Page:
Zeller MP, Heddle NM, Kelton JG, et al. Effect of a thrombopoietin receptor agonist on use of intravenous immune globulin in patients with immune thrombocytopenia. Transfusion. 2016;56(1):73-9.
Zeller, M. P., Heddle, N. M., Kelton, J. G., Hamilton, K., Wang, G., Sholapur, N., Carruthers, J., Hsia, C., Blais, N., Toltl, L., Hamm, C., Pearson, M. A., & Arnold, D. M. (2016). Effect of a thrombopoietin receptor agonist on use of intravenous immune globulin in patients with immune thrombocytopenia. Transfusion, 56(1), 73-9. https://doi.org/10.1111/trf.13336
Zeller MP, et al. Effect of a Thrombopoietin Receptor Agonist On Use of Intravenous Immune Globulin in Patients With Immune Thrombocytopenia. Transfusion. 2016;56(1):73-9. PubMed PMID: 26400824.
* Article titles in AMA citation format should be in sentence-case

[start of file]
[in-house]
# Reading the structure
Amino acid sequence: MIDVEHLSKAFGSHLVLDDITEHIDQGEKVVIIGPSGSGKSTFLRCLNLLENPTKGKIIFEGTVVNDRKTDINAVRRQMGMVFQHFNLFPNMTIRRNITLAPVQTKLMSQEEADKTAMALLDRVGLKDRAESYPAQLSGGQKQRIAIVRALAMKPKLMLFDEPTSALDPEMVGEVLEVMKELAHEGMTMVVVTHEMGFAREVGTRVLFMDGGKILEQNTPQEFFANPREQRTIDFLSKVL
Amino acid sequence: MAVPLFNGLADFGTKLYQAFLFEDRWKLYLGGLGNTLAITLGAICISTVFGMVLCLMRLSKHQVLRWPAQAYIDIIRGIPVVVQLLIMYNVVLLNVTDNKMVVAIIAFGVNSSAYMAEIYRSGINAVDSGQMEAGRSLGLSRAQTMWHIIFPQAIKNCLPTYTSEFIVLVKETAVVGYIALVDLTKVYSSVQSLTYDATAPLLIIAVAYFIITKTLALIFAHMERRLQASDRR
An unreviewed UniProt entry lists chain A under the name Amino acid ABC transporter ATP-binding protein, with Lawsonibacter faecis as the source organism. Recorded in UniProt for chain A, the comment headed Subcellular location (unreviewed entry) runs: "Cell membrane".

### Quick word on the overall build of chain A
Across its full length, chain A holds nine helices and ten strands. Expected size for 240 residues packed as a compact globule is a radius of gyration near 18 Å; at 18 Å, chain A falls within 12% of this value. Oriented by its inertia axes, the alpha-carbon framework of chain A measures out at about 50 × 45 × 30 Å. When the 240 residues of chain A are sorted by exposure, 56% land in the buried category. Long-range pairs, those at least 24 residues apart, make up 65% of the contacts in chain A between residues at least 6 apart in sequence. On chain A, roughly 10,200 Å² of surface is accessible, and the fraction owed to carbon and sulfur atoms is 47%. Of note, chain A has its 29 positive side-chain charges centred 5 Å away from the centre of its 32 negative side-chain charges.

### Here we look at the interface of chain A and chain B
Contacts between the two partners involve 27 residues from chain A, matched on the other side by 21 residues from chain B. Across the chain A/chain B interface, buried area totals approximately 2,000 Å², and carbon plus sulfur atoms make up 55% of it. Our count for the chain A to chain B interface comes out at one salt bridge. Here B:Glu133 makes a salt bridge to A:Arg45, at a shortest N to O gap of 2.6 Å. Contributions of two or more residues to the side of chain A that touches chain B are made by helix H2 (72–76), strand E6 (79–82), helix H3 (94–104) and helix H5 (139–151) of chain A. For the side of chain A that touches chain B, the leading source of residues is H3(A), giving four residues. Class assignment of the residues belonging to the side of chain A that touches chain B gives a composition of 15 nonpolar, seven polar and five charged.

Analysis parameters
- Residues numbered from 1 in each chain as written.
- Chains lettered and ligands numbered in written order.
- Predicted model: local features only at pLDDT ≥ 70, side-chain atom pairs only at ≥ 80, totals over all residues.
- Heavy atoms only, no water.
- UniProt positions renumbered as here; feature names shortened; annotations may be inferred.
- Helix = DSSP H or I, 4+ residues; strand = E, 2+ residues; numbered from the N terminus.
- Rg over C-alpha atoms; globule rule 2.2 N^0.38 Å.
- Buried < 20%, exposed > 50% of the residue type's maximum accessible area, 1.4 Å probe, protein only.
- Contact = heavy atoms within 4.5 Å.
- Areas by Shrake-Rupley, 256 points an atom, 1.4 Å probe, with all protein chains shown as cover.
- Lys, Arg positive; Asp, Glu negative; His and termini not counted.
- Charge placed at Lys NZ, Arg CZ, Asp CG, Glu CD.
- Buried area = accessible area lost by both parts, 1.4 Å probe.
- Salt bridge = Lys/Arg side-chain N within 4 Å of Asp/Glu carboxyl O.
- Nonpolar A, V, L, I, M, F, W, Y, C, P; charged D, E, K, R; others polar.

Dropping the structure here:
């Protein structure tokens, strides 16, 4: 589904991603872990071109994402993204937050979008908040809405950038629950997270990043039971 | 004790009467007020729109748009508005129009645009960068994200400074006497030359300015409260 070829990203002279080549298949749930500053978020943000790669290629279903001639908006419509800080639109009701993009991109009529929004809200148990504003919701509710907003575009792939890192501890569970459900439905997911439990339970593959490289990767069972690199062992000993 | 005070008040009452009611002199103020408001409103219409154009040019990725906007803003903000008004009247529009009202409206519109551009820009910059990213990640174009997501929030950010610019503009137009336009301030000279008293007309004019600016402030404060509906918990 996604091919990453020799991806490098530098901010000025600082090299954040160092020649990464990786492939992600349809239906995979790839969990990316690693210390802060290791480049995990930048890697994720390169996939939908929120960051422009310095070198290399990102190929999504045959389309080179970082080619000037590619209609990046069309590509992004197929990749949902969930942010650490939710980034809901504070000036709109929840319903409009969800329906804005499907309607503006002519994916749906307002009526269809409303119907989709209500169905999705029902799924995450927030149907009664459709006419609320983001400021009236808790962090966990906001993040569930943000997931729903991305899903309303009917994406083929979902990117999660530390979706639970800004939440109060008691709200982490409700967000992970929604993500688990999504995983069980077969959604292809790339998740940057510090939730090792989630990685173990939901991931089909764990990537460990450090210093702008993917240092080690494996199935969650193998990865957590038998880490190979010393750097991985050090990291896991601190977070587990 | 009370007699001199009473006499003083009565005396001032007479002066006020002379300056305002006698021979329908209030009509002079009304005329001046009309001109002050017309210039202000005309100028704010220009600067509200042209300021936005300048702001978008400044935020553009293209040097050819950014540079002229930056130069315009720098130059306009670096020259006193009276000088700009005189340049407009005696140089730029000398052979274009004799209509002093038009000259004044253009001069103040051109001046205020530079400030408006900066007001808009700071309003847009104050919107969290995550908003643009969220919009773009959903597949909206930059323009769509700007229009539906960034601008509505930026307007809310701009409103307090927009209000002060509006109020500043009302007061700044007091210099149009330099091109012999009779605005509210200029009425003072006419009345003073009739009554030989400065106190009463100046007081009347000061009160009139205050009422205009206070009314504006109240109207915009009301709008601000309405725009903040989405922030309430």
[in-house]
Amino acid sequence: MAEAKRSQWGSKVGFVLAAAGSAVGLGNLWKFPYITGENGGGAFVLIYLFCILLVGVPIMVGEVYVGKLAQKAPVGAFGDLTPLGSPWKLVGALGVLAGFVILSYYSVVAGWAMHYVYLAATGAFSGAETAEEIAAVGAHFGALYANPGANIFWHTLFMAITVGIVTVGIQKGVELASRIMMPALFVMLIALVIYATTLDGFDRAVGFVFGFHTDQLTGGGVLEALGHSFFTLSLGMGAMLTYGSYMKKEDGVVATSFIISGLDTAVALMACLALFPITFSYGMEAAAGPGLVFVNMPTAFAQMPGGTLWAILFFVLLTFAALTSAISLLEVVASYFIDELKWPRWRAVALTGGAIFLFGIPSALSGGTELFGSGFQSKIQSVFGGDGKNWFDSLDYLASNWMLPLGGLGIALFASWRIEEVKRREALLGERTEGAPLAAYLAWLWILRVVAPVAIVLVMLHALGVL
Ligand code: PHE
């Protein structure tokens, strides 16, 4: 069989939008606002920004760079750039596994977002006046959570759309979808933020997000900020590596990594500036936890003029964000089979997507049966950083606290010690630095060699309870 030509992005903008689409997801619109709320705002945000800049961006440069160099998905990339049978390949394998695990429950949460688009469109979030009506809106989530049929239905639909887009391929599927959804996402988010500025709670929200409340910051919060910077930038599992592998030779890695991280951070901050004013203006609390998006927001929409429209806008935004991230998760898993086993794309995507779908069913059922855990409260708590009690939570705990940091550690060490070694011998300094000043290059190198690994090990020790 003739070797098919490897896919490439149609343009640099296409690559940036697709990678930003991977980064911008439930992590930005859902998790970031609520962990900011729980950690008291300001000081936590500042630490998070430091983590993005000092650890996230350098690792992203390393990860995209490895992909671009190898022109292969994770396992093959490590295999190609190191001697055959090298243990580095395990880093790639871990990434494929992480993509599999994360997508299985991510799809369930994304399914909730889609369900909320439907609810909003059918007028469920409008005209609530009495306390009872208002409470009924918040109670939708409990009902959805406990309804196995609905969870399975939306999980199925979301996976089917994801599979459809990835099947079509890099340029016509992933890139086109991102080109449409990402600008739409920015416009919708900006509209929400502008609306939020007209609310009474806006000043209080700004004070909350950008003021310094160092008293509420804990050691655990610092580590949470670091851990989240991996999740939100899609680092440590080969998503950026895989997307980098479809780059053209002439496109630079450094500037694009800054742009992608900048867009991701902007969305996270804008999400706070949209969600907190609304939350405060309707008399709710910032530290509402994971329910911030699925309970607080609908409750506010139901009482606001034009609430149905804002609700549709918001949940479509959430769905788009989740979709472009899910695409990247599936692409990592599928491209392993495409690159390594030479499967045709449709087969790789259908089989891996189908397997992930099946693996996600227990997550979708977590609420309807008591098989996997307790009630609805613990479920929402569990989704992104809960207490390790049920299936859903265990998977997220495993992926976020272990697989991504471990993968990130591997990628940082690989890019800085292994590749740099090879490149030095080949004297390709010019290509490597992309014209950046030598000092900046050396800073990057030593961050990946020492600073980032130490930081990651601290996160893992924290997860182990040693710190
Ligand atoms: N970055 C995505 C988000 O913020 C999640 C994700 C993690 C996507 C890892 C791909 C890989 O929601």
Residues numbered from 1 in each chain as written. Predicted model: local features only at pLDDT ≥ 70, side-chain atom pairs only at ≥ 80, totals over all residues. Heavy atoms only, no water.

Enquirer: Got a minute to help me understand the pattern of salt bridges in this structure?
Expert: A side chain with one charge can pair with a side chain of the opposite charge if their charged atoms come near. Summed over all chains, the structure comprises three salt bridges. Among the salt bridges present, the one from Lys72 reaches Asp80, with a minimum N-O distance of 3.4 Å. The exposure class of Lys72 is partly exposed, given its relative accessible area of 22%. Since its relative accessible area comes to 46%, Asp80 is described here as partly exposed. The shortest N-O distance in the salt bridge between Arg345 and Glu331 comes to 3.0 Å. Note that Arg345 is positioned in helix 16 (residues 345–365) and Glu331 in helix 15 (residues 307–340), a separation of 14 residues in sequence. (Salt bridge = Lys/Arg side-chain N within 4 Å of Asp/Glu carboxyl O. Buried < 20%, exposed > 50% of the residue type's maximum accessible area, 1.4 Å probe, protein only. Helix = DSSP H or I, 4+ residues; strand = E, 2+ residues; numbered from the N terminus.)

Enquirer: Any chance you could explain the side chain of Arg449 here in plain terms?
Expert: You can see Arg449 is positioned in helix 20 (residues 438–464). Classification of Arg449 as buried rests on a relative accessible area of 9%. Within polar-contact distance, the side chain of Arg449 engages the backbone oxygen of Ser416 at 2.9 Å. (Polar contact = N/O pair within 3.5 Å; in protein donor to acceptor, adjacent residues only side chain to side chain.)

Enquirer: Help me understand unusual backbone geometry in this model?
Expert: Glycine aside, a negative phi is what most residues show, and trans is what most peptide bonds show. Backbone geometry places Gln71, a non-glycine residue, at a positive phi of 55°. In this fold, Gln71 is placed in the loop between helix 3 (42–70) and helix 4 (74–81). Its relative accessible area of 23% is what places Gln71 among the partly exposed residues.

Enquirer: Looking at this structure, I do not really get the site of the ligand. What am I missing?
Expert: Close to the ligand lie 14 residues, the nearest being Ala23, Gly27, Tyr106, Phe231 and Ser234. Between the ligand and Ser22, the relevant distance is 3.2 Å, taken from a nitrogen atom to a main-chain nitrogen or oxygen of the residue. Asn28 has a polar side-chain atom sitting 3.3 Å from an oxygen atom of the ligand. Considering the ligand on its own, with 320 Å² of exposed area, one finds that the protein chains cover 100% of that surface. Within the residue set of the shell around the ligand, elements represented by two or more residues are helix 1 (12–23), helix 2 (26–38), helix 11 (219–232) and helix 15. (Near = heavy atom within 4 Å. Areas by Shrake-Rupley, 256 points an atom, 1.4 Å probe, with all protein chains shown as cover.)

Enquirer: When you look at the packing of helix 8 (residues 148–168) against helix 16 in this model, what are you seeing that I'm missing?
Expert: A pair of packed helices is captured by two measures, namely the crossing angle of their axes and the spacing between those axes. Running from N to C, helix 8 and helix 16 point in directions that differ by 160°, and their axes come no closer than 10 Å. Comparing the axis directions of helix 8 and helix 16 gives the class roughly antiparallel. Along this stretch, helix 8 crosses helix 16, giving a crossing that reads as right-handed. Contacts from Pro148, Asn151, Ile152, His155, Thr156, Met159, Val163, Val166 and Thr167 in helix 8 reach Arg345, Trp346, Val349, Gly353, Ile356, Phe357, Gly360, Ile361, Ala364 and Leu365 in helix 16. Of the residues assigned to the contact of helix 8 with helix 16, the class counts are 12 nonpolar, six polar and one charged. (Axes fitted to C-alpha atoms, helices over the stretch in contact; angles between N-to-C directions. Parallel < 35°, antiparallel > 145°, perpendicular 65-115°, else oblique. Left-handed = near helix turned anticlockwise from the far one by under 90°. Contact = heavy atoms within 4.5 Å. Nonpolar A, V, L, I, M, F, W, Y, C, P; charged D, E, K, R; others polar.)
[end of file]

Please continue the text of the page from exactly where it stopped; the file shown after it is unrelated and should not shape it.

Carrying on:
TY - JOUR T1 - Effect of a thrombopoietin receptor agonist on use of intravenous immune globulin in patients with immune thrombocytopenia. AU - Zeller,Michelle P, AU - Heddle,Nancy M, AU - Kelton,John G, AU - Hamilton,Korinne, AU - Wang,Grace, AU - Sholapur,Naushin, AU - Carruthers,Julie, AU - Hsia,Cyrus, AU - Blais,Normand, AU - Toltl,Lisa, AU - Hamm,Caroline, AU - Pearson,Marc-André, AU - Arnold,Donald M, Y1 - 2015/09/24/ PY - 2015/04/27/received PY - 2015/06/26/revised PY - 2015/07/22/accepted PY - 2015/9/25/entrez PY - 2015/9/25/pubmed PY - 2016/5/26/medline SP - 73 EP - 9 JF - Transfusion JO - Transfusion VL - 56 IS - 1 N2 - BACKGROUND: Thrombopoietin receptor agonists are new treatments for patients with chronic immune thrombocytopenia (ITP). How one of these agent, romiplostim, has impacted practice patterns, especially the use of intravenous immune globulin (IVIG), has not been evaluated outside of clinical trials. STUDY DESIGN AND METHODS: This was a retrospective cohort study of adult ITP patients treated with romiplostim in four Canadian centers. Patients had primary or secondary ITP and were followed for 1 year before starting weekly romiplostim treatment. We compared IVIG use, clinical outcomes, and cost before and after romiplostim. RESULTS: Twenty-nine patients with ITP received romiplostim. Median age was 54 years (interquartile range [IQR], 45-63 years) and patients had a median of two prior ITP treatments (IQR, 1-4) including splenectomy (n = 7). Median platelet (PLT) count was 23 × 10(9) before and 124 × 10(9) after romiplostim. Median duration of romiplostim treatment was 3.7 months. Patients used a median of two IVIG infusions per year before and 0.7 per year after starting romiplostim (p = 0.16). For patients who received weekly romiplostim for at least 1 month (n = 19), IVIG infusions were three (IQR, 1-5) per year before and 0.7 (IQR, 0.4-1.6) per year after romiplostim. Results were squewed by two high IVIG users. Nineteen (66%) patients discontinued romiplostim treatment during follow-up because of lack of response (n = 8), sustained response (n = 5), toxicities (n = 4), or response to splenectomy (n = 2). Overall health care costs were similar before and after romiplostim when concomitant treatments, nursing resources, and hospitalizations were considered. CONCLUSIONS: Romiplostim was associated with improved PLT counts and fewer IVIG infusions for most ITP patients. In practice, romiplostim was generally not continued long term and was cost neutral for overall ITP management. SN - 1537-2995 UR - https://www.unboundmedicine.com/medline/citation/26400824/Effect_of_a_thrombopoietin_receptor_agonist_on_use_of_intravenous_immune_globulin_in_patients_with_immune_thrombocytopenia_ L2 - https://doi.org/10.1111/trf.13336 DB - PRIME DP - Unbound Medicine ER -